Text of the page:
But it's so important to remember that like though that sometimes happens, that is not the the goal of grief. It's not a marker of whether we have grieved well or not. Whether we experienced some sort of radical transformation as a result, or radical growth. Sometimes, what we do is we just, you know, we befriend, we survive, we figure out who we are in the world after this loss with our grief alongside of it, we keep moving forward. And like that's enough. Like, it doesn't have to be more or less than that. Sometimes it is, but that's not what we need to feel like we're aspiring towards or that we're failing if we don't achieve. And that is something.

Now, it's either I get to that point or I'm doing it wrong. Exactly. Like there's only the two, there's only the two pieces. And I do think, I feel, I believe, I've observed in myself and other people that folks who are willing to let go of some of this, what we've been trained into by our culture, we'll just put that big broad thing on it, and be with it in a different way, and in a way that is honoring, that is respectful of the process, the mysterious process that it is because it is not hard. I mean it's you know, in it's often in art and poetry and song where you start to come close, you know. Just kind of speaking with regular words often isn't enough. But I do believe it is the process of that makes us mature humans. If we engage with, and recognize, and engage our grieving and our grieving nature that it's going to be, in my mind probably an ongoing process. It's either sort of low grade grieving or everything feels like it's on fire grieving and everything in between, that it is the process that makes us adults. It makes us, in some ways, are the elders where we have the potential to become to the people who are coming behind us, who are watching us grieve, who we have, I believe we have some responsibility to the ones coming behind us to say, Gosh, I don't want to leave, this is not the legacy I want to leave them. And that means I got to walk my talk. I gotta, they gotta see me.


At my low. They've got to see me asking for help. They have to see me saying, You know what that I know you mean well, but that's not really helpful. Here's what I really could, this would be really helpful. Like, I want to be a model so that my people, my descendants have some modeling of Oh, it's possible to ask for help. It's possible to not medicate this necessarily. It's possible to not avoid it and and be okay, better than okay. Like, more yourself. You're more yourself. And that, for some of us, feels terrifying because, you know again we're told all the time, Oh you're not good enough for some reason or another. Well, guess what.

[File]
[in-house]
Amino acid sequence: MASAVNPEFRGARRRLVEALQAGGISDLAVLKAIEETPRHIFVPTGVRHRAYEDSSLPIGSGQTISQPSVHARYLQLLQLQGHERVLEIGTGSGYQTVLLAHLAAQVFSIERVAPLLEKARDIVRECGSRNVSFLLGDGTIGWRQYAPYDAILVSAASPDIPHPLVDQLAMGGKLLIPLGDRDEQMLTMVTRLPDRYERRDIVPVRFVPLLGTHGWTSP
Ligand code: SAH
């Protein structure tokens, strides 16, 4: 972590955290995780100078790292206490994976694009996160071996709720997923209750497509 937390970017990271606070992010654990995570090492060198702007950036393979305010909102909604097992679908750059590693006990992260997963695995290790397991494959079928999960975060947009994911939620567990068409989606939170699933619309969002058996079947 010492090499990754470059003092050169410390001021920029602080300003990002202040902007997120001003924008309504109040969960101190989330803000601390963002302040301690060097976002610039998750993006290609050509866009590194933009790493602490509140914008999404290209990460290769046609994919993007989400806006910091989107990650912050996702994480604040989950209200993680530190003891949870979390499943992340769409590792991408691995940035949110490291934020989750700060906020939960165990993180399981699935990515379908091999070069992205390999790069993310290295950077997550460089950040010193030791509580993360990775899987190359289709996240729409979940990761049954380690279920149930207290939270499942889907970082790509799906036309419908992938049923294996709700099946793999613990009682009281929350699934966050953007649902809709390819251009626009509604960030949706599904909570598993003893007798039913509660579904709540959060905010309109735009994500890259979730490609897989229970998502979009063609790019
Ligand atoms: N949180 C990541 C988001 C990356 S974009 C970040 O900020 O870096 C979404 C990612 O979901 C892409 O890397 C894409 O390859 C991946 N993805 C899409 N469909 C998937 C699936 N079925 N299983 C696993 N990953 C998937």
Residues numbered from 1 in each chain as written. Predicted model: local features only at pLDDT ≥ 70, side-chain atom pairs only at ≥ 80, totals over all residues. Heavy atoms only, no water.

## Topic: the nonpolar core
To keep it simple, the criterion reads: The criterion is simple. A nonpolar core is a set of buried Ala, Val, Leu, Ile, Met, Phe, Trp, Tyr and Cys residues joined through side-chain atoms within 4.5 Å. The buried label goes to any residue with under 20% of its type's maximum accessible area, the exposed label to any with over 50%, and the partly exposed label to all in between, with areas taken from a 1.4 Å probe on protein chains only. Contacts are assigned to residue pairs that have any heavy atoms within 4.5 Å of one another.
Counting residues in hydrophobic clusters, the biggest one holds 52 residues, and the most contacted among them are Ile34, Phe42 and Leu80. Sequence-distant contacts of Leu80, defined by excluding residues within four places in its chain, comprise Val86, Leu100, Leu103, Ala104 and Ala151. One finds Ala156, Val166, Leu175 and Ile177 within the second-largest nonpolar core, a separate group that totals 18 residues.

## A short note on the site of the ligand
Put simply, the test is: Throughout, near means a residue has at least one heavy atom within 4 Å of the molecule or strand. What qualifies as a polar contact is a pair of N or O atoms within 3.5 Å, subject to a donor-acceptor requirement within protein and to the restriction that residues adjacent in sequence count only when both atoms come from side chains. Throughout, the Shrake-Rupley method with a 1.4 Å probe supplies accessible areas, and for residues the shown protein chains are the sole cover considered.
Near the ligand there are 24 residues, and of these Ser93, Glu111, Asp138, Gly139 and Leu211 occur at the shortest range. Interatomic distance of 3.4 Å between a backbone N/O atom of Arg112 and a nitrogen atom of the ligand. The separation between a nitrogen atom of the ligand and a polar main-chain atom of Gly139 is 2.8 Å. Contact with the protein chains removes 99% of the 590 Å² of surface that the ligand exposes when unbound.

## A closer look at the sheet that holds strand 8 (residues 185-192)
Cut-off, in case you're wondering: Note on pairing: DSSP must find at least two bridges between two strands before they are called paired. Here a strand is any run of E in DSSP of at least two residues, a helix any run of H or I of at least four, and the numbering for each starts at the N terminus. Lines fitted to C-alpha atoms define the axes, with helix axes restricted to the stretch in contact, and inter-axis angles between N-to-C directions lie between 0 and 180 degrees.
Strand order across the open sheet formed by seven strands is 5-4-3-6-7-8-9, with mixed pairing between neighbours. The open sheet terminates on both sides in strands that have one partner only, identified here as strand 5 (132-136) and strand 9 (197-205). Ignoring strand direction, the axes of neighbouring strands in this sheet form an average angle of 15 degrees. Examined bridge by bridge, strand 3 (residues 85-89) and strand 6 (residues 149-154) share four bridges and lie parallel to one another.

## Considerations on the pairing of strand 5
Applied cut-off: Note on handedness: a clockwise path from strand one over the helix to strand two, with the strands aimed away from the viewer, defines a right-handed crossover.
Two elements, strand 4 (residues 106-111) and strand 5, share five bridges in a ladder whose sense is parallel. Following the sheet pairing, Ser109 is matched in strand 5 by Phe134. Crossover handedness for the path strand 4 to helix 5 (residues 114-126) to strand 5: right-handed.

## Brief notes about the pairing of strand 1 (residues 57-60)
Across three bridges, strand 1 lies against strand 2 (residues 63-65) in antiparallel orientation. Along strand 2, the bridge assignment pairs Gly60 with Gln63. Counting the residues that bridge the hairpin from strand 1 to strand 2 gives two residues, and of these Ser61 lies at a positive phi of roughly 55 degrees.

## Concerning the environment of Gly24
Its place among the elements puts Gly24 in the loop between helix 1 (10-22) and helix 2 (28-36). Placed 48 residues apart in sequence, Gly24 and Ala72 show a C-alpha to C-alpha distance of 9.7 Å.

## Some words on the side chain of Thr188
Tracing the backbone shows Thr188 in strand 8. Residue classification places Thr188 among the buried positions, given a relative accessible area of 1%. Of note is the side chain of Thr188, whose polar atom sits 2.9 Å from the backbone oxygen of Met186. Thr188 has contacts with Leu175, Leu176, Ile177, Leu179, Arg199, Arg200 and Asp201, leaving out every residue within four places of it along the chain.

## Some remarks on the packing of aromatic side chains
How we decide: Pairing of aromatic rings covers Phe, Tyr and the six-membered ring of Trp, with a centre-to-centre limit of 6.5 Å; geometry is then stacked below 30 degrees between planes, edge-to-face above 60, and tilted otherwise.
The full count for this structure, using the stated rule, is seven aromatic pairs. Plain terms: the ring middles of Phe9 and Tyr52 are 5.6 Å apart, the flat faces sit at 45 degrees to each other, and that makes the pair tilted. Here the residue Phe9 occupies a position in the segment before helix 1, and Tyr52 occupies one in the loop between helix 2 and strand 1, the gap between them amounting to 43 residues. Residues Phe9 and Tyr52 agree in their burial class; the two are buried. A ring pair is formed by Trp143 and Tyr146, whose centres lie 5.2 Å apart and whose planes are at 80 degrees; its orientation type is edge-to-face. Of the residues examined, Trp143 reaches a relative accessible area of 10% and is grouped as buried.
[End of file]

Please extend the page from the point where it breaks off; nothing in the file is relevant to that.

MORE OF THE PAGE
I am fine and part of the reason I'm the complex, skilled person I am is because of my grief. Because I navigated, I am navigating my grief all the time.

I completely agree. And I think the thing that you said that really jumped out and that I've thought about so many times is that I'm shocked when I look, and I'm not a developmental theorist, so please someone feel free to call me out, message us, you know whatever if there is a developmental theory that really takes this into account. But I look at the the big developmental theories. You know, the ones that we go back to, of Piaget and Erikson, and that we think about as so formulative in thinking about human development. And I'm shocked that there isn't a theory of human development that doesn't more clearly and coherently think of grief and loss as one of the stages of human development that we have to go through in order to sort of move forward to a different place in human development. I think that most people who have been through a devastating loss see the ways that that loss has pushed them through a developmental place that they would not have gone through without that loss. I mean for better or worse, right. But I think that is something that when we go back to that idea of just what does it mean to authentically live as a human who experiences the full range of human emotions and experiences, loss is I think one of them. I think it's something that is fundamental to who we are as humans and what we go through as humans. And it is bizarre to me that, I don't think it's more clearly articulated in Developmental Theory as like a really, like, this is one of the things. Like, this is one of the markers that we go through that sort of changes our human development in some way.

Well, I think what you're speaking to, I love that you brought this because I think what you're speaking to also is one of the losses in modernity. Which is when we stopped being village dwellers, I'll put it that way, you know, in modernity, in you know the development of Agriculture and then the Industrial Revolution, all that, we lost this sense of being a village member. And, you know, through antiquity that you see, almost every culture had some structure for initiating people. Especially when you were going from child to adult. You know, we, an adolescence. Those rituals existed in every culture. And part of that, like that was your village saying to you, All right, it's time. I see you're standing at that cusp. We're going to now take you out and put you through an ordeal an initiatory process. And that means, that's like your first big experience of losing who you were and becoming who you're becoming. And that initiates you into grief.

Yeah, no.